“Don’t be afraid to try something,” offers Christine Uwimbabazi, who co-owns Prime Care Transportation in Buffalo, NY with her husband. “Even if you haven’t met them yet, there are so many people out there who want you to succeed, so find them.”
For Christine, that meant getting help to take an idea for a business and bring it to fruition – providing non-emergency medical-transportation services for people to get to doctor appointments and dialysis services, for example.
Prime Care was formalized in 2017 and undertook the necessary steps to achieve New York State certification for this type of transportation service, which includes serving clients with limited mobility and who use wheelchairs and other assistive equipment, like walkers. They began offering services in 2018. Prime Care works in conjunction with hospitals, nursing homes and assisted-living facilities and is slowly-but-steadily expanding their services to include private-pay clients, too.
Go for progress, not perfection, to get your business off the ground
“When we started, we didn’t even have a business plan,” says Christine. Eager to learn, though, Christine participated in numerous entrepreneurship courses and focused on expanding their professional networks.
One important local resource for Christine and her team is the Westminster Economic Development Initiative, which provides business-development guidance and resources and is one of the area’s leading organizations for entrepreneurs who have emigrated to the Buffalo area (Christine and her husband came to the U.S. 20 years ago from Rwanda and have been in Buffalo since 2008, when her husband attended graduate school at the University at Buffalo).
Christine is also a graduate of the Allstate Minority and Women Emerging Entrepreneurs program, a joint venture of the University at Buffalo School of Management’s Center for Entrepreneurial Leadership and the UB Center for Urban Studies. In addition, she participated in the KeyBank Business Boost & Build Buffalo Pitch Competition and won a $1,000 award.
As important as the monetary award were the connections she made, including meeting Sherri Falck, one of Pursuit’s business advisors. Christine describes their relationship with Pursuit as “the perfect match for our business.”
“Participating in these programs helped me understand that there are people who can help. Sherri helped us strengthen our business plan and identify holes in our core team, like an accountant, and then helped us fill those needs.” Through Pursuit, Prime Care also accessed consultants in digital marketing, accounting and human resources.
Christine continues, saying, “When starting businesses, entrepreneurs need information as much as they need funding. There are a lot of great people who can support you in some way, whether it’s providing loans or advice or helping to broaden your network. It all counts, it all helps. And whatever assistance you get, you can always find ways to leverage that into more help or new opportunities.”
A Pursuit microloan helps Prime Care focus on growth, then stability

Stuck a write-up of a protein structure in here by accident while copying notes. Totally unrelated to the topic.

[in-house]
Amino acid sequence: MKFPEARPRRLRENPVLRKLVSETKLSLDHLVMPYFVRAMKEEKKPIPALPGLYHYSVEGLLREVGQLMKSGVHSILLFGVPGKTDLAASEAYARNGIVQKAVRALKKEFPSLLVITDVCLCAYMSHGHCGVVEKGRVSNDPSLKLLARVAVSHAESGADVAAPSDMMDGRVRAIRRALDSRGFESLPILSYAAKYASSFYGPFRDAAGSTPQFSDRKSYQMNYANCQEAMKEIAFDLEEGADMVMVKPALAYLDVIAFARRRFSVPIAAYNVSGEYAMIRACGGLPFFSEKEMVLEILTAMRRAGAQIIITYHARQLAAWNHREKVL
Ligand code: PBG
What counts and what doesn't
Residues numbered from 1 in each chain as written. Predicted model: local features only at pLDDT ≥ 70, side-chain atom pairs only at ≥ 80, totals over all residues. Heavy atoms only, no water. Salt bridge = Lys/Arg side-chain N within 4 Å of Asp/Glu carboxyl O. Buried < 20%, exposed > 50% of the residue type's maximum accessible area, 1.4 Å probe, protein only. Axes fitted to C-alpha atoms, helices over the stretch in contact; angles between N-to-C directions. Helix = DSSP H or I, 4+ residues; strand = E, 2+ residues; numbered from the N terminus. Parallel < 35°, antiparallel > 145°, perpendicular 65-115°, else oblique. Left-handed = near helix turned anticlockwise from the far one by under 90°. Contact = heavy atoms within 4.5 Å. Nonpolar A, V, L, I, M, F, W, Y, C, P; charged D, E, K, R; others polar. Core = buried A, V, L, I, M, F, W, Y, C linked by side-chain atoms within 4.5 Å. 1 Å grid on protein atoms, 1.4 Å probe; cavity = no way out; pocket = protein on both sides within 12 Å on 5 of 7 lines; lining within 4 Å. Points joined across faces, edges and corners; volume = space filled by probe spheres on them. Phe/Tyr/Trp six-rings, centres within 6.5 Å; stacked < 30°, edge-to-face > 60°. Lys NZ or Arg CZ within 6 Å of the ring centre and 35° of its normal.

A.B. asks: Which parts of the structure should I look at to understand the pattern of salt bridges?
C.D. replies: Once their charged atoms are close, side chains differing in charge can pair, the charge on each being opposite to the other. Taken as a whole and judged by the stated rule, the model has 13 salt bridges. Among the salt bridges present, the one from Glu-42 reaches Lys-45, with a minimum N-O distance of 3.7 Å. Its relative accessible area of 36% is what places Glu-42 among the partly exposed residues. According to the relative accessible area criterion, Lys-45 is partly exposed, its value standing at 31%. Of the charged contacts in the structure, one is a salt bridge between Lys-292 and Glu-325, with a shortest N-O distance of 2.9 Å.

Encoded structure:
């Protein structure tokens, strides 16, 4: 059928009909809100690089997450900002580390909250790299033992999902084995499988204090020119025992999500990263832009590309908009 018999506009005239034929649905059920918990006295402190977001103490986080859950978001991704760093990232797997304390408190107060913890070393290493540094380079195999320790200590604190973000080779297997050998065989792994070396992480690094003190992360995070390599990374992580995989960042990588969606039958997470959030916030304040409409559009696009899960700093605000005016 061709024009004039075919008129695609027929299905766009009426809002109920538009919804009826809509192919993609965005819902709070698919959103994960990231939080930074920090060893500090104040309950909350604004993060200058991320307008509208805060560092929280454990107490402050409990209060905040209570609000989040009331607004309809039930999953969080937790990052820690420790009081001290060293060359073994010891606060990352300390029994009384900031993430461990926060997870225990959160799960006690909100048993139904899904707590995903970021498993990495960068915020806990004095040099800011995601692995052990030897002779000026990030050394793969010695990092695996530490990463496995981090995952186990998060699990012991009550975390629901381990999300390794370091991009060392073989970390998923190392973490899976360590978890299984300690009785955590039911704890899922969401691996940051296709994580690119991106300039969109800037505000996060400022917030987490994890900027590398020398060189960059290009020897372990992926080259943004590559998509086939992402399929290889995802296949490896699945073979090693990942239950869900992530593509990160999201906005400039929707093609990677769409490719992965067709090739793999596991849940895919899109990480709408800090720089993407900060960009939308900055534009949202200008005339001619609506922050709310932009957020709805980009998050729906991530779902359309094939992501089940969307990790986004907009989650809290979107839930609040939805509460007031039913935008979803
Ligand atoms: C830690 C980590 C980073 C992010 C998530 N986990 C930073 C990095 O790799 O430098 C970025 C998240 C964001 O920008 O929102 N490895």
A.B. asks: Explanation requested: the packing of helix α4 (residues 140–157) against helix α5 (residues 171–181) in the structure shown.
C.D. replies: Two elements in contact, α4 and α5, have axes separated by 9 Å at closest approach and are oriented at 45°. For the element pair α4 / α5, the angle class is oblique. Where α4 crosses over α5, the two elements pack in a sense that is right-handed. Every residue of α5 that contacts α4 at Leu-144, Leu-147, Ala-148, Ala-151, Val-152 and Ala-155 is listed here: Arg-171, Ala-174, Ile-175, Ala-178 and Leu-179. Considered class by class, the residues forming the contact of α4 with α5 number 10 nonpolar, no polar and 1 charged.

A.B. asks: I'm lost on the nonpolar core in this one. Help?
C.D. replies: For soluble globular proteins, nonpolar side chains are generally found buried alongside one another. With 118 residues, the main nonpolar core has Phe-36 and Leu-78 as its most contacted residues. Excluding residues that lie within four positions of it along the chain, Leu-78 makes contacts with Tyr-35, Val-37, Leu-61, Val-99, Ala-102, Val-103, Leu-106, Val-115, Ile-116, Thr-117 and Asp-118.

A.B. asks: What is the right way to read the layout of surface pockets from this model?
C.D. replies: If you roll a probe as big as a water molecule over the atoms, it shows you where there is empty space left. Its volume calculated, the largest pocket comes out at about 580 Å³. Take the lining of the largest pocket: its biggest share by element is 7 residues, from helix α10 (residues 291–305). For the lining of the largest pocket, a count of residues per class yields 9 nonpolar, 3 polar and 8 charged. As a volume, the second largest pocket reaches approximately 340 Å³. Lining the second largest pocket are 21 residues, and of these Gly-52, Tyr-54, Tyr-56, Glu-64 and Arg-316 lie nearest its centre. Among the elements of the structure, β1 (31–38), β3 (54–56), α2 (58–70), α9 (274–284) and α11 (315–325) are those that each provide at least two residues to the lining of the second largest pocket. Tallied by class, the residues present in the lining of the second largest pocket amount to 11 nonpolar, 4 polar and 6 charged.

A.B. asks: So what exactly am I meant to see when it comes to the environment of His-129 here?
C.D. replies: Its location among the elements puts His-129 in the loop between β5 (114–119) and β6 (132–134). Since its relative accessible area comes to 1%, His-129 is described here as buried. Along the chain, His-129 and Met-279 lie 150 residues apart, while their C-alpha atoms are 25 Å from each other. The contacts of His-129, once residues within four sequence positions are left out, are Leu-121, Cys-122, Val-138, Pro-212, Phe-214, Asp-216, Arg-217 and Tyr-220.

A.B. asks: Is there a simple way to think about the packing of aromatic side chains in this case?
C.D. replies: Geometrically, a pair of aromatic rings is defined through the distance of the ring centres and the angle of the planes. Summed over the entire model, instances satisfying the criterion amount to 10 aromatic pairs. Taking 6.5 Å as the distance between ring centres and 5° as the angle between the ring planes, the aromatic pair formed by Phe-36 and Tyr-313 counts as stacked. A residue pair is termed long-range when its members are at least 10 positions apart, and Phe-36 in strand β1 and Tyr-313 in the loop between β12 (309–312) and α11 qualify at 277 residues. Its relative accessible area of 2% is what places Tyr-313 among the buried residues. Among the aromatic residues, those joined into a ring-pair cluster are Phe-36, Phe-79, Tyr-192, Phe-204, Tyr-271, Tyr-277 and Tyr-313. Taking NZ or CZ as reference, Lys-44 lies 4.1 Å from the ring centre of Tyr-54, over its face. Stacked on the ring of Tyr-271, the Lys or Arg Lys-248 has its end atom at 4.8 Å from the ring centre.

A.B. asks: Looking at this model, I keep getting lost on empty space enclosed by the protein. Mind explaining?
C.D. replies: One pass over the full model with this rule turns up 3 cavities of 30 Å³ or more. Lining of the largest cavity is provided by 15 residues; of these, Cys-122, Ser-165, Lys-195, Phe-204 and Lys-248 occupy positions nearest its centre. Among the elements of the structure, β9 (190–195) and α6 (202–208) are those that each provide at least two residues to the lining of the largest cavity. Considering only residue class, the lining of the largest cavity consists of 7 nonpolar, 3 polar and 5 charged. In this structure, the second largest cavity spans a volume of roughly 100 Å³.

“Our goal was to use the loan for expansion into another county,” Christine explains. “Then, when the coronavirus hit our region, we redirected it to help us stay afloat.”
Since Prime Care is considered an “essential” service during the pandemic, it would seem that its medical transport services would be in high demand during a health crisis. In reality, though, the mandated business closures – which included non-emergency doctor visits and medical procedures – meant that Prime Care’s 15 vehicles and employees were largely in a holding pattern.
Christine’s Pursuit team reached out and helped Prime Care secure an SBA Paycheck Protection Program loan (PPP), which helped the company retain employees and, recently, an SBA Economic Impact Disaster Loan (EIDL), too.
In addition, Christine and Pursuit focused on improving Prime Care’s digital presence and marketing the business, particularly to build private-pay clientele.
“We want to be ready to rebuild beyond the pandemic, so we developed our new website, which I’m really proud of,” says Christine. “Sherri and the Pursuit team gave us great advice about details like including client testimonials and links to news articles that include Prime Care. We also strengthened our social media outreach and together, all of this is already having tangible results.”
Christine credits Pursuit’s personal touch as one of elements that’s meant the most. “When the pandemic hit, Sherri reached out right away. It’s clear that our successes are their successes and our struggles their struggles.”
Even in challenging times, the satisfaction of business ownership outweighs the struggles
While the last few years have been challenging, Christine says that it’s all worth it, too.
“Working for ourselves is one of the best decisions we’ve ever made. There are hiccups, but as we build our business, we’re also teaching our children about resilience and patience. They’re learning that there are options in life and we can all choose our futures. Even with the struggles, we’re happy where we are in life. And it’s never a straight line to that happiness – it takes time and commitment and compromise.”
Christine continues, saying, “The struggles are real for small businesses and it’s harder now than ever. As owners, though, we have to be patient, commit and focus on rebuilding. Keep growing your circle of support and you’ll always find new prospects and opportunities. Business is picking up and hopefully, this craziness will end soon. We just have to put our feet on the ground and keep going.”